Amends the Small Business Act to provide prospective construction contractors with information about an agency’s policies on the administration of change orders to allow such contractors to make informed business decisions regarding the pricing of bids or proposals. This legislation is meant “to help businesses plan by increasing transparency on federal construction projects.”
While this seems simple, be aware that since there’s a LOT of construction work done for the Federal Government, this bill really adds to the potential for success by small businesses.
A change order is a document signed by both contractor and customer, and is used to record an amendment to your original construction contract. It usually contains:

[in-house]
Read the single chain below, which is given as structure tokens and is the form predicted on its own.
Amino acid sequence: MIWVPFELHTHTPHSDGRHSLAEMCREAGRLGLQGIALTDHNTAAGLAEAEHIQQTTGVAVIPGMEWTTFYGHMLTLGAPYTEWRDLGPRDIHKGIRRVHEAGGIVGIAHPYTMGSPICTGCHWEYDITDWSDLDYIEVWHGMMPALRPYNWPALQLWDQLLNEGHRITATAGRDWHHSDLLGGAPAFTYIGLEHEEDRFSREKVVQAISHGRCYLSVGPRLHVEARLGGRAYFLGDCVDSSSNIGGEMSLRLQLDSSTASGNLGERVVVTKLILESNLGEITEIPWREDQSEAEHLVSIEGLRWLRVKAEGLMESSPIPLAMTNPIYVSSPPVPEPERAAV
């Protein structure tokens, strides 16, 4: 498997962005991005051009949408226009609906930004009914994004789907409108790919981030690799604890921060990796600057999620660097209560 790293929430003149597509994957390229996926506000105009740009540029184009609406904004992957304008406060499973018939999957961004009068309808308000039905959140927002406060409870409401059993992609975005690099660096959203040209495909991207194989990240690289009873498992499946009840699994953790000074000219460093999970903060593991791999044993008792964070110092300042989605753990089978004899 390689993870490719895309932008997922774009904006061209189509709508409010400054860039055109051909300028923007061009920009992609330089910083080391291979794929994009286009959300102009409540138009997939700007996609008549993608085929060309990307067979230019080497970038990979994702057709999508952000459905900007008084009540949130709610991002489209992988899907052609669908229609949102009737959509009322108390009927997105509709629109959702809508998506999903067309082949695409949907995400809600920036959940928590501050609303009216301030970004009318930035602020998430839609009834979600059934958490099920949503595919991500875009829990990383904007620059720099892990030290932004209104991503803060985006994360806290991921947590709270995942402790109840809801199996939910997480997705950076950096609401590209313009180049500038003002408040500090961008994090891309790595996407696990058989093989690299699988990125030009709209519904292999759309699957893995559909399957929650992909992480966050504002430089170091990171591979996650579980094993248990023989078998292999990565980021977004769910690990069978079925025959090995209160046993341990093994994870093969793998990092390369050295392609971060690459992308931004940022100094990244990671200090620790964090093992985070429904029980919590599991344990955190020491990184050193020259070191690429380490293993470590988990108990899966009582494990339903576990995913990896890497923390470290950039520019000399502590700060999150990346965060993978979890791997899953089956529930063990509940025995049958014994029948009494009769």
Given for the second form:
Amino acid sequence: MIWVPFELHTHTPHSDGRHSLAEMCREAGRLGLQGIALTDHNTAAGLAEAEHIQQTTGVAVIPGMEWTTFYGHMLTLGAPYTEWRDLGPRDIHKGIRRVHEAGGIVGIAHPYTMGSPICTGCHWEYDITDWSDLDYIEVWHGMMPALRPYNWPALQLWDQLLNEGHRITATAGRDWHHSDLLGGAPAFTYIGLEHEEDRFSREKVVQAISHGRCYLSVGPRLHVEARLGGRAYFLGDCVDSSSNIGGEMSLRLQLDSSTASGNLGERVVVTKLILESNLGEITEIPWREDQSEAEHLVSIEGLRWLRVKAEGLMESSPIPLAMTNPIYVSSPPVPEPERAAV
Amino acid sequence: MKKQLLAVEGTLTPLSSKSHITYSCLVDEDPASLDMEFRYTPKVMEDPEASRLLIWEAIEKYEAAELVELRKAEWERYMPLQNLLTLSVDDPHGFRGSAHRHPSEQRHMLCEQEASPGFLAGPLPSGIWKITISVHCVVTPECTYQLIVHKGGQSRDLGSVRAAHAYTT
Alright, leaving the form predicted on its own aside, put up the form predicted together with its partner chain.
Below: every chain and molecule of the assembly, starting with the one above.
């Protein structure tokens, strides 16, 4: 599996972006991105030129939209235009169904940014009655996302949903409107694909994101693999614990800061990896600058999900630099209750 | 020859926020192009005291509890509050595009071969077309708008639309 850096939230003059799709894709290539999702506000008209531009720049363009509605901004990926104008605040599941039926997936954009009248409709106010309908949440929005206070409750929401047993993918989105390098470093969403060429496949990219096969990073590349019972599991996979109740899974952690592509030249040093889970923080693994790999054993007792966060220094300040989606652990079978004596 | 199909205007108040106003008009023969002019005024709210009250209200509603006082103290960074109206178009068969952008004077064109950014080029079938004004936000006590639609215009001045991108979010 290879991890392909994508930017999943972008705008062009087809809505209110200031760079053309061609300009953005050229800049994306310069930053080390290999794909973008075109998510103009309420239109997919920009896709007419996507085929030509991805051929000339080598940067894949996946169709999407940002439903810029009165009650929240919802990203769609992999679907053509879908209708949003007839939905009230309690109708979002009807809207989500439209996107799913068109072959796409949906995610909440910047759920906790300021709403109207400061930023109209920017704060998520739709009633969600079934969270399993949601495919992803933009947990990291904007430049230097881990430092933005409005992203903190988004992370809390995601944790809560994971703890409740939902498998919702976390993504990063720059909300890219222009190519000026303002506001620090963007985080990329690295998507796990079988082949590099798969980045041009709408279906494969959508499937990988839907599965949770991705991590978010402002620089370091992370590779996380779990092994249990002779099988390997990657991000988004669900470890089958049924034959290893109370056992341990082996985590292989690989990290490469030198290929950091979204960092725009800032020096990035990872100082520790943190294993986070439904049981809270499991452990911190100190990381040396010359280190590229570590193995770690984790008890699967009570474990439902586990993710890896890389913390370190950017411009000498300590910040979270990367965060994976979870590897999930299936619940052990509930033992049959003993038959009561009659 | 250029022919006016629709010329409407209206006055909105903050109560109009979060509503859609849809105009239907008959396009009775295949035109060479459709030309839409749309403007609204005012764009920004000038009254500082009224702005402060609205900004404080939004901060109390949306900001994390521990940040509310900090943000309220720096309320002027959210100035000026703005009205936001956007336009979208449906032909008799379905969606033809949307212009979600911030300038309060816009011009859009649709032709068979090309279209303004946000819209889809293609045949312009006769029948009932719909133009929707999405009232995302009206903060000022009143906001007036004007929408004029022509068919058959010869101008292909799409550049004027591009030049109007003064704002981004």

• A revised scope of work (usually an addition to the original agreement)
• Pricing for the new work
• Additional modifications, e.g., an extended delivery schedule to accommodate new scope of work
We know that change orders happen all the time, and we want to be sure that small businesses which may not be able to wait or retool, can also continue to work and be successful in this field.
“Many times, small contractors are already cash strapped, U.S. Rep. Steve Chabot (R-OH), chairman of the U.S. House Small Business Committee noted, so major construction changes that result in delayed payments can put them out of business. ‘H.R. 4754 safeguards these contractors and requires agencies to publish their change order process up front, in their solicitations, so they have all of the information they need that can affect their bottom line,’ he said.” (Source)